The employer held a work event at a racecourse, specifically telling staff beforehand that normal workplace conduct and disciplinary rules would apply. Unfortunately, after incidents which onlookers later described as banter, the claimant punched a colleague in the face. After they had both left the event, the colleague waited outside a club where the claimant had gone and sent him a series of texts threatening him with serious violence. The threats were not carried out.
After an investigation, both employees had disciplinary hearings conducted by the same person. The claimant was dismissed for gross misconduct; he had risked reputational damage to his employer. For the colleague, also guilty of gross misconduct, the penalty was a final written warning. A tribunal found that the claimant had been unfairly dismissed, given the disparity in treatment between the two employees.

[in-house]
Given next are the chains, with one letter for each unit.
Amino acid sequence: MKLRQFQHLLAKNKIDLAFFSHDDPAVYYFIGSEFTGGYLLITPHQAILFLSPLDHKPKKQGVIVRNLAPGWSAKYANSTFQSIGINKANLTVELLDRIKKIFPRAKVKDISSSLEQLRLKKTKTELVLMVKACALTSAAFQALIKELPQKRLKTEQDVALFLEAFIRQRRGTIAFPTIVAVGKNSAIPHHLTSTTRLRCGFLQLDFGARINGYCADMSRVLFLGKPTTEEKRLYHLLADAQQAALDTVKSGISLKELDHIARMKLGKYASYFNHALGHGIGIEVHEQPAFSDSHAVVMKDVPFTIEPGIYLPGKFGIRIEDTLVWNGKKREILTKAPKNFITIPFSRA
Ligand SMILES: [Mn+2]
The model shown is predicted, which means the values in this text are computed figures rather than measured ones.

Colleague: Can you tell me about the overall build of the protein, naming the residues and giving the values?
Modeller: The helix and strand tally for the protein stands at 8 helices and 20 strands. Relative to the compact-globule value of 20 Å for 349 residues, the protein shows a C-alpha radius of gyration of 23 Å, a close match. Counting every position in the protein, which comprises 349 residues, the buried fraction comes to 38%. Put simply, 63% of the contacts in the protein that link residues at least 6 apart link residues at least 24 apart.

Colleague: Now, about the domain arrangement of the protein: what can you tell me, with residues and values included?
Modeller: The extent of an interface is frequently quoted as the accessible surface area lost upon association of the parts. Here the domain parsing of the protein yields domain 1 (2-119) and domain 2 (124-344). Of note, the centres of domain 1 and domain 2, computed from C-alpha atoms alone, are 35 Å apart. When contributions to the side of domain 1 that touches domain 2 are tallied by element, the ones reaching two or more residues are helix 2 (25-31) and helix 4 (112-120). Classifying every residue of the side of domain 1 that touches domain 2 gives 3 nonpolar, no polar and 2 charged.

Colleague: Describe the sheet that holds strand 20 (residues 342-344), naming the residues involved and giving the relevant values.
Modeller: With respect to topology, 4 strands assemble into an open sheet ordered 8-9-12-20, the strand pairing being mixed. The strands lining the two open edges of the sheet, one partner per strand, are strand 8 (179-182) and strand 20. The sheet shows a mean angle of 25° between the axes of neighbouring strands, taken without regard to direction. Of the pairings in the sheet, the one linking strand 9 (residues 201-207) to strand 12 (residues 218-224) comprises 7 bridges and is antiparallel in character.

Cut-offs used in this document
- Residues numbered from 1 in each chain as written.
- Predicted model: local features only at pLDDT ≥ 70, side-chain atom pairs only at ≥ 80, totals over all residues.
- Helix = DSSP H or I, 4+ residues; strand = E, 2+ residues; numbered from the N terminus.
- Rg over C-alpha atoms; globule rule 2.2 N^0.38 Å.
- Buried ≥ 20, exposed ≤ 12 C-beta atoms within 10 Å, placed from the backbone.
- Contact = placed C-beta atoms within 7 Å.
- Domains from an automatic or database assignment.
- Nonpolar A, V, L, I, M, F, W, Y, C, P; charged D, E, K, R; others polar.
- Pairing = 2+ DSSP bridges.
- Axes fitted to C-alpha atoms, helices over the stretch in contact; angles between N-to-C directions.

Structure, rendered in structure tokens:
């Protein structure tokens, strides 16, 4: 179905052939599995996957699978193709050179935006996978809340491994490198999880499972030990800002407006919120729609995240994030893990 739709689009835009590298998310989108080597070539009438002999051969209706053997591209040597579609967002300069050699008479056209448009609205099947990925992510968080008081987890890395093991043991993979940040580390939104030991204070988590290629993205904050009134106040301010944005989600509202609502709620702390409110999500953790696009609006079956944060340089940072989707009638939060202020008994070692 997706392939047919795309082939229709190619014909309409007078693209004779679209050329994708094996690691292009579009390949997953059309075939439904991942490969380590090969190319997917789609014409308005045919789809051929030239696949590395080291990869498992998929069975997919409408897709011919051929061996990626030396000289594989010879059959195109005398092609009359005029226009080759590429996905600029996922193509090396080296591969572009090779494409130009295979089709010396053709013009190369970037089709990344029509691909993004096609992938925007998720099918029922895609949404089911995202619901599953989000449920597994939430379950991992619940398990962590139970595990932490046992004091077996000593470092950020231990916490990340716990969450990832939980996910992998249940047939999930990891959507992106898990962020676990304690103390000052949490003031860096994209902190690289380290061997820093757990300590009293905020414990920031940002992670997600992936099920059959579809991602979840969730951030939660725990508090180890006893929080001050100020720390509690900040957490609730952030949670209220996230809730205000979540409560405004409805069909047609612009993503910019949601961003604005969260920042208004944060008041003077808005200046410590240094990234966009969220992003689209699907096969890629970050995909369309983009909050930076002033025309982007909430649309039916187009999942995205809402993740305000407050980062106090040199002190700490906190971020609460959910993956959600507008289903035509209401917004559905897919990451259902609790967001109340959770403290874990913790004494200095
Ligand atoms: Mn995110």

The EAT allowed the employer's appeal. The tribunal should have focused on the treatment of the claimant – was it reasonable to dismiss him? The fact that the employer may have been unduly lenient to another employee, or had taken into account provocation in his case, was not relevant. The actions of the two were different – the claimant had punched someone; the colleague had not. Nor was the employer required to "apply a defence of provocation" to the claimant as the tribunal had suggested; this was just an issue for mitigation, to be considered by the employer with other factors.
If there had been two exactly similar cases and the employer had decided to dismiss in only one, this might have supported an argument that it was not reasonable to dismiss, but it would be unusual for the facts to be completely on all fours.